Land Risk Management Research
Contaminated Soil and Sediments
Featured Fact Sheet
US EPA. (2011)Innovative Capping Technology to Prevent the Migration of Toxic Chemicals from Contaminated Sediments (PDF) (2 pp, 332 KB) Publication No. EPA/600/F-11/009.
- Environmental Issue or Problem
- Research Approach
- Selected Publications
Nearly 40 percent of rivers and streams in the United States are too polluted for fishing and swimming due to chemical and microbial contaminants. EPA researchers are working with regions and communities on soil and sediment contamination issues. To make these waterways usable again, they are using innovative sediment remediation techniques such as:
- Capping and
- Monitored natural recovery (MNR).
EPA researchers and their partners must decide which of these options best suits a particular site, as well as develop new treatment approaches. The costs, strengths, and limitations of these approaches must be considered for a wide variety of sites. The land risk management research program is designed to provide a better understanding of the traditional risk management options for contaminated soils and sediments and to investigate alternative options.
US EPA. Yeardley, R. (2013) Lake Hartwell: Tracking the Movement of Contaminants through Ecosystems. (Video, min): This is an example of the use of MNR, as well as risk management of ecosystems with contaminated sediments.
Both soils and sediments can be polluted with a host of chemical and microbial contaminants from a number of sources. Sources include:
- Municipal wastewater (and associated biosolids),
- Industry, and
Chemical contaminants range from heavy metals like mercury to polychlorinated biphenyls (PCBs) to relatively new emerging contaminants. Sediments and soils may contain multiple chemical contaminants combined with microbial pathogens. Emerging contaminants of concern such as endocrine-disrupting chemicals (EDCs) come from
- Municipal wastewater
- Concentrated animal feeding operations (CAFOs) and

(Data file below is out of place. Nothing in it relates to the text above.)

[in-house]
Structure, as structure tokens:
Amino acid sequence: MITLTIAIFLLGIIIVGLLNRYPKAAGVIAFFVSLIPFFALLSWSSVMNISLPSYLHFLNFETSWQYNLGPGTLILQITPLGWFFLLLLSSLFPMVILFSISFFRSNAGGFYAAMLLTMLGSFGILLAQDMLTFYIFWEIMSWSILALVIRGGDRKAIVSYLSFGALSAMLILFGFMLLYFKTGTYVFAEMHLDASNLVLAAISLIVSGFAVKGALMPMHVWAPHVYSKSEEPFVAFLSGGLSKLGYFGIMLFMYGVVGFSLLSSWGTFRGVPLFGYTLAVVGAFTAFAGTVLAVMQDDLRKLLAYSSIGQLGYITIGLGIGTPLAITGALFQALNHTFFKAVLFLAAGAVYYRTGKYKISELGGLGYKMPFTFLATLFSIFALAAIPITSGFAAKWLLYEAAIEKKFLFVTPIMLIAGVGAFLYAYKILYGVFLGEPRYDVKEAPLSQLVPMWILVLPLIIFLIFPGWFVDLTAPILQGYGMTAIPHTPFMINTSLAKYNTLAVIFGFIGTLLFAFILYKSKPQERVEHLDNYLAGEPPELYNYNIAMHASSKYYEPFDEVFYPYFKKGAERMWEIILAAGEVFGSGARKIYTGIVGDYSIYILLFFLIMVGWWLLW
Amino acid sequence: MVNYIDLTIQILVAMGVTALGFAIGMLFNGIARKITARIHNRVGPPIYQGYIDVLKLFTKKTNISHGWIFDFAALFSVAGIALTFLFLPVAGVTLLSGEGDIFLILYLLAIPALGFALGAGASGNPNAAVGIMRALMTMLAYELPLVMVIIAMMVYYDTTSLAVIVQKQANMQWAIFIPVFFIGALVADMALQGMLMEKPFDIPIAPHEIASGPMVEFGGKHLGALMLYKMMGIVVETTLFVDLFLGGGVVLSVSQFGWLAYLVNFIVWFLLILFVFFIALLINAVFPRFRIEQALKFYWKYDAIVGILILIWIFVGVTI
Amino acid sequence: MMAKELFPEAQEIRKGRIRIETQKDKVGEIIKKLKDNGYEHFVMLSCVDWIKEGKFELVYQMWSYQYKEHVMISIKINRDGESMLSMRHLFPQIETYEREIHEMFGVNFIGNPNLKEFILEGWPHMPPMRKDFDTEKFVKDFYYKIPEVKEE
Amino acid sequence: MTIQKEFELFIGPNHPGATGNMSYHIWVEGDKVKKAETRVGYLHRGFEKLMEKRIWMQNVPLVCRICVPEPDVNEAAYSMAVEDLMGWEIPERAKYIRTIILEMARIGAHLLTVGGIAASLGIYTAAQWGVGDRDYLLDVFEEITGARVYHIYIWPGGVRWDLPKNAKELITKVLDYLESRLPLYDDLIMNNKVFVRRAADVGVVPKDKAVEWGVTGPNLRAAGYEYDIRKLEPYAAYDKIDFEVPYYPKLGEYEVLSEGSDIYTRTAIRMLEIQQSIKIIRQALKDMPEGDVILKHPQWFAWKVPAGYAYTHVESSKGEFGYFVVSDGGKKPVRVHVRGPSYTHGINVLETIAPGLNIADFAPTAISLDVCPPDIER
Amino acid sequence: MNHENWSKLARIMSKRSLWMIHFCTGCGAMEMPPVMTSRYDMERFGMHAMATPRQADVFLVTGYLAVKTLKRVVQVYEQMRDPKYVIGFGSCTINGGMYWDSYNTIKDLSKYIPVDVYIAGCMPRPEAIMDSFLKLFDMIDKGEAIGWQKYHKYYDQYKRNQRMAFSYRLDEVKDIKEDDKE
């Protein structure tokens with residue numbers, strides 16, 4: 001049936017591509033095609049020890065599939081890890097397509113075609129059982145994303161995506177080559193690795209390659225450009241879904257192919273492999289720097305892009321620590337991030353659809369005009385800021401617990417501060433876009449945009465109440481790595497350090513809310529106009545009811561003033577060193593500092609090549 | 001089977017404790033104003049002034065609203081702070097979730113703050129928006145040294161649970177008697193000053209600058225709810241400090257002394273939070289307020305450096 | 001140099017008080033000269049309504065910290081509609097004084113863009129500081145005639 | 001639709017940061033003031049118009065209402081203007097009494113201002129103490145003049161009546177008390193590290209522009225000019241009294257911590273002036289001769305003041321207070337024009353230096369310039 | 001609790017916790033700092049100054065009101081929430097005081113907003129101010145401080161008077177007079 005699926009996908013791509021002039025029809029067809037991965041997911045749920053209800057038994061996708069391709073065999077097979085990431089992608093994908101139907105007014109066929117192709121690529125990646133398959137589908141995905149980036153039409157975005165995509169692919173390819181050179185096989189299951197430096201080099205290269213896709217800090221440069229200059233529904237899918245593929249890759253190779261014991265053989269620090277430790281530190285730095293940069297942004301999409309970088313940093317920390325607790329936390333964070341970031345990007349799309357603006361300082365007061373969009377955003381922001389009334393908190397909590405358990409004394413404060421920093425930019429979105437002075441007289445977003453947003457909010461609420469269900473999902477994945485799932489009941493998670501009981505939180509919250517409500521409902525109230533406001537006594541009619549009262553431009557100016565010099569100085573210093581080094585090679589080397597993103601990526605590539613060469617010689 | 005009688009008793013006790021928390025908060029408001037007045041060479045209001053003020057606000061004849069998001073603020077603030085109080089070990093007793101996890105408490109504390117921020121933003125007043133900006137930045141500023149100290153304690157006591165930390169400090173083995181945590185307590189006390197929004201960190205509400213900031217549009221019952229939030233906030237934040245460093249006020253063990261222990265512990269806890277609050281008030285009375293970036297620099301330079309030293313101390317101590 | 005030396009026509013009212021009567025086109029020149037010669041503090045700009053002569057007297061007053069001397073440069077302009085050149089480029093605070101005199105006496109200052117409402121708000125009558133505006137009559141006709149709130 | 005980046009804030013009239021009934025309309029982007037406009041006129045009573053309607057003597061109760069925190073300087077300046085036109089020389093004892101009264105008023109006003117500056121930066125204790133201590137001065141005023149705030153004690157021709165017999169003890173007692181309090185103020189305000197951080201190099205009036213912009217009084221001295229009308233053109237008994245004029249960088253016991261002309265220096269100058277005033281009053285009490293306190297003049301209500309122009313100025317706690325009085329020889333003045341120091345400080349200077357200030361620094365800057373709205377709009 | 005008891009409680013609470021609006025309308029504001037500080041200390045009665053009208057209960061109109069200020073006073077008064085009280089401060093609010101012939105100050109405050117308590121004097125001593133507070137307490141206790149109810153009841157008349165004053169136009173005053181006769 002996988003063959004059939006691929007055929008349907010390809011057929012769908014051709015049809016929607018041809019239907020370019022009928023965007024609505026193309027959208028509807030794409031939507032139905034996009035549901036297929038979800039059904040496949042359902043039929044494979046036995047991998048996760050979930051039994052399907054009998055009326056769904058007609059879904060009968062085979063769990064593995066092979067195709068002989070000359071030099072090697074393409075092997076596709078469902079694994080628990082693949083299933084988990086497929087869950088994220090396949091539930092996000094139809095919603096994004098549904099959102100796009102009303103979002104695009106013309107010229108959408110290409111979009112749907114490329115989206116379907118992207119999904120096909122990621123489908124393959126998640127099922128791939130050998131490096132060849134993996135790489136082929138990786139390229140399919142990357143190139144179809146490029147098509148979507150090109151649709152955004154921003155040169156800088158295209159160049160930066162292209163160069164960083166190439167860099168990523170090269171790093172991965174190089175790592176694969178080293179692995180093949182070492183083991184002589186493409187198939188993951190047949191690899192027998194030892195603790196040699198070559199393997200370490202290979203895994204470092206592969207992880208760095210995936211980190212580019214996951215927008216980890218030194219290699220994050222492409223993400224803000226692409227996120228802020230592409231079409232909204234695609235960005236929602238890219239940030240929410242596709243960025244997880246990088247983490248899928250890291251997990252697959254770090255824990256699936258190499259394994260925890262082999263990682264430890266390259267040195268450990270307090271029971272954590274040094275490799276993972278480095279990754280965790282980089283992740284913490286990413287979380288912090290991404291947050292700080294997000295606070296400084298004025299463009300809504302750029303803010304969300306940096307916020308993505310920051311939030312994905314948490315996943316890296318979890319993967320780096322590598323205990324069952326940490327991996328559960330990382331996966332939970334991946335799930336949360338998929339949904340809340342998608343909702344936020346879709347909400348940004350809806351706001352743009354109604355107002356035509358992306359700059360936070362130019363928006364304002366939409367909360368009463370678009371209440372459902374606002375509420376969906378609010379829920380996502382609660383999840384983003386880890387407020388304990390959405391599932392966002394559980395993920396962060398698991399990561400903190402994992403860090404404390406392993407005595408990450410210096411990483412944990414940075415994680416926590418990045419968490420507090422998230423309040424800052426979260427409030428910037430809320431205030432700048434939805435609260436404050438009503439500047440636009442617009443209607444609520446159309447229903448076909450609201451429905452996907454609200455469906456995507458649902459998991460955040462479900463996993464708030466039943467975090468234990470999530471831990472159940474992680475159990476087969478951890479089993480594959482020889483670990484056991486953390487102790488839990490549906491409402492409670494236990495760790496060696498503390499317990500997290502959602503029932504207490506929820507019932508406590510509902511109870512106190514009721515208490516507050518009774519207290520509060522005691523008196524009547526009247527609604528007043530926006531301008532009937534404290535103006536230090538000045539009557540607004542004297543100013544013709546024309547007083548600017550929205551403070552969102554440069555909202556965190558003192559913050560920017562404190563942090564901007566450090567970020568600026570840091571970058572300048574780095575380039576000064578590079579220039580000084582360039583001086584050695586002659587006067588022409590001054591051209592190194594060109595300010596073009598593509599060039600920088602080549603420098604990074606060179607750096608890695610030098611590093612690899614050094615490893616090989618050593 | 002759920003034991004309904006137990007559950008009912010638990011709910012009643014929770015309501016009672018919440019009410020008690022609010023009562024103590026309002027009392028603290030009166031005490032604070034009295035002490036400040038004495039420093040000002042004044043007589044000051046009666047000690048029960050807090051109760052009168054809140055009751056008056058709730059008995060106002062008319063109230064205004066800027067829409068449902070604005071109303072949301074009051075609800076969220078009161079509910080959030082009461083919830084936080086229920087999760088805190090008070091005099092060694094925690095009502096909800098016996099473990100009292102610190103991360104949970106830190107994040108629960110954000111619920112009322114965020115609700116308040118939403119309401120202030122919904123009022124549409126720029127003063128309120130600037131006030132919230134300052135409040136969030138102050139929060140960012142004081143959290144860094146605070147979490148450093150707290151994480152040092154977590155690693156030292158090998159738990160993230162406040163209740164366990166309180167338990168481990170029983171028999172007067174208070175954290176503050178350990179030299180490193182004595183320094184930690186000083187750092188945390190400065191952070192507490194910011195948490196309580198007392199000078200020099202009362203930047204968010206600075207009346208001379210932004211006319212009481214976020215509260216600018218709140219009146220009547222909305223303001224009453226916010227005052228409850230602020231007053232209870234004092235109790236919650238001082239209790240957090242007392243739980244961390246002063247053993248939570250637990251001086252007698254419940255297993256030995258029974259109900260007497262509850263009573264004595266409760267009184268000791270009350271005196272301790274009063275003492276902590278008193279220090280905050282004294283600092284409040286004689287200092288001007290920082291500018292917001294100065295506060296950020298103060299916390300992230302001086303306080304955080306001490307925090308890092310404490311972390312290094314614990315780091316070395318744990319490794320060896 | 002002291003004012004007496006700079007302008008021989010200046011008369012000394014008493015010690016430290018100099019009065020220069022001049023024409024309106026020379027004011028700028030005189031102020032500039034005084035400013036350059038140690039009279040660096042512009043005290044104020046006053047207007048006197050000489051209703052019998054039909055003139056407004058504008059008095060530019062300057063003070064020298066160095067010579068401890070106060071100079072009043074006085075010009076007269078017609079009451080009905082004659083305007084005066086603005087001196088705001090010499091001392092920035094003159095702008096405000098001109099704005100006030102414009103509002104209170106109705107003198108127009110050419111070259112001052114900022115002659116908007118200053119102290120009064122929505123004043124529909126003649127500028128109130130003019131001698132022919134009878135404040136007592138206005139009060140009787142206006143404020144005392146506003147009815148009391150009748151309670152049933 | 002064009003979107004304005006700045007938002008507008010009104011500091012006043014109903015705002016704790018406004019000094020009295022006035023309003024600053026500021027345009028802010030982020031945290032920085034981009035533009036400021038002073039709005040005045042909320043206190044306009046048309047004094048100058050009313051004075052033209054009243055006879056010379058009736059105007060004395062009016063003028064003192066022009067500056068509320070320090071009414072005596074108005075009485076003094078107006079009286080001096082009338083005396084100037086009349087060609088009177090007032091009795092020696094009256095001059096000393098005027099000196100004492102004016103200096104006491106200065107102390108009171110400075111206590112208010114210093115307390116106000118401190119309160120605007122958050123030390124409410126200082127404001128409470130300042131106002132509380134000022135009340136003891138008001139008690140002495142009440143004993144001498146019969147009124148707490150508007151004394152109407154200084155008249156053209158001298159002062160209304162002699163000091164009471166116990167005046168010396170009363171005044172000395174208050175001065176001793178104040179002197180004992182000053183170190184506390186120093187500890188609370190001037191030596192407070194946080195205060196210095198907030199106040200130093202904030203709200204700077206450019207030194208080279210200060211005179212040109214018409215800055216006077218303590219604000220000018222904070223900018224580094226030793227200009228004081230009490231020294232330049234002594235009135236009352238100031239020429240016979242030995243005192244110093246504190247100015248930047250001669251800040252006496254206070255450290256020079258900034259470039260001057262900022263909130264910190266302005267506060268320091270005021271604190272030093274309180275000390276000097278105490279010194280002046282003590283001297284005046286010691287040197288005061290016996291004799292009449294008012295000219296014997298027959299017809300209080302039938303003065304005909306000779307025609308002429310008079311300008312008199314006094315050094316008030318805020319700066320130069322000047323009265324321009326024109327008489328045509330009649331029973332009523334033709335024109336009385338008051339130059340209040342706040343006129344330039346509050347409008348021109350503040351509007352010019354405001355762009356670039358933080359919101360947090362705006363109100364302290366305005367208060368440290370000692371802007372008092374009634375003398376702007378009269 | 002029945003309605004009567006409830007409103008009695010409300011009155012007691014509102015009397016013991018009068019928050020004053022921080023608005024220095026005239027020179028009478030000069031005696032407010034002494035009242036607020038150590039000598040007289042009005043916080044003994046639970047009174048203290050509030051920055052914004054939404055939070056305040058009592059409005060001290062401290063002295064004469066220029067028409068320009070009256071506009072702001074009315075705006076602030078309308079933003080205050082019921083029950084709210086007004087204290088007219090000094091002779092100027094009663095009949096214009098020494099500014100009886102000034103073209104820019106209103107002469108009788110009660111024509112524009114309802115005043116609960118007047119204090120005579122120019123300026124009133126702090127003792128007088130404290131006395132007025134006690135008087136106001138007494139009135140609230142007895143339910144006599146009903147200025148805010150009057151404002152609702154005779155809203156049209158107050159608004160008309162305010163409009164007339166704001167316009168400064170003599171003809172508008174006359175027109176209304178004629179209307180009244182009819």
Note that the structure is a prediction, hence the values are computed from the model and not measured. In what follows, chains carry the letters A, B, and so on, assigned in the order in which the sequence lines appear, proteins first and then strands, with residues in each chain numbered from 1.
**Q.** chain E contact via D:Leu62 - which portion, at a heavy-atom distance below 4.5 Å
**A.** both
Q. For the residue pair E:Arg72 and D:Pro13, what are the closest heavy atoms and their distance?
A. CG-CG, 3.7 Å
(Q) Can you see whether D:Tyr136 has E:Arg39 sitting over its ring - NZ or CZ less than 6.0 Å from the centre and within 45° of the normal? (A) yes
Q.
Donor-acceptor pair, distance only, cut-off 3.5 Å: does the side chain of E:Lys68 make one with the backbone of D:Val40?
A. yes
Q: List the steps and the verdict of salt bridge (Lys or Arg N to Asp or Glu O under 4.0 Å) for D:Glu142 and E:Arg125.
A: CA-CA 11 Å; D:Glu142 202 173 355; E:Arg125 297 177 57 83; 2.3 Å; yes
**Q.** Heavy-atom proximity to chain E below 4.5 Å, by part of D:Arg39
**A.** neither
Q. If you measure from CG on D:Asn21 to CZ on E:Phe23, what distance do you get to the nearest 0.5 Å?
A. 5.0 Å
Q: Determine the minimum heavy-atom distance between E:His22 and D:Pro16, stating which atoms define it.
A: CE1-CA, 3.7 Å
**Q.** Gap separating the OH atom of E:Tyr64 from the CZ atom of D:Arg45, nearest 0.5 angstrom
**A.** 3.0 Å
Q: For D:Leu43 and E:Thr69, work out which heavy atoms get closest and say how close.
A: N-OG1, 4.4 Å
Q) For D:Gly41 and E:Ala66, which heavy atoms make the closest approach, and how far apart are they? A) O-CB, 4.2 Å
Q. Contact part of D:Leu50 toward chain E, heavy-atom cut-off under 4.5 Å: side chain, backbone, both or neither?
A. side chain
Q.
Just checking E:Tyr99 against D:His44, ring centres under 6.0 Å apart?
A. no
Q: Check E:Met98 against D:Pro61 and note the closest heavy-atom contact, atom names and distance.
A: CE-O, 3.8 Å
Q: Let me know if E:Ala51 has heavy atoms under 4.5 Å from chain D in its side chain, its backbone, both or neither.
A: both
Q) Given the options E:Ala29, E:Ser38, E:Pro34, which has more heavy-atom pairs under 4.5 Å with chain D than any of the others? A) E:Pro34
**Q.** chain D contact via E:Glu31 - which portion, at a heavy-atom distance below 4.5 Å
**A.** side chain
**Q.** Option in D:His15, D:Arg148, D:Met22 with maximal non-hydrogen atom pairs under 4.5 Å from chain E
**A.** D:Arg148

- Other sources.
They are deposited in soils and sediments once discharged to lakes and streams or applied to land. Of course, all of these potential contaminants raise
- Human health issues
- Affect ecosystems and
- Make water bodies less usable.
All of these issues have accompanying economic costs.
Understanding the toxic properties of contaminants is essential to understanding the risks associated with contamination. The land research approach includes a focus on those contaminants that tend to be persistent and bioaccumulate within organisms, since they pose the most evident long-term risk. Since the risk to humans is primarily through exposure to other organisms within which contaminants may have accumulated, ecological receptors become the primary focus for the research program. Research is directed to provide the site-specific risk assessor with tools to make risk predictions based on extrapolation from an understanding of food web and bioavailability/bioaccumulation relationships, and on the impact of remediation alternatives on ecosystems. Decision makers, risk managers and decision scientists must forecast changes in the nature and extent of contamination under various management, temporal and hydrological scenarios. Soil and sediment contaminants research also seeks to characterize the fate and transport of persistent contaminants.
- Great Lakes National Program Office (GLNPO),
- Office of Water (OW),
- EPA Environmental Response Team,
- National Exposure Research Laboratory (NERL),
- National Center for Environmental Assessment (NCEA),
- National Homeland Security Research Center (NHSRC),
- EPA Regions 1, 2, 3, 4, 5, 6, and 10
- State Agencies: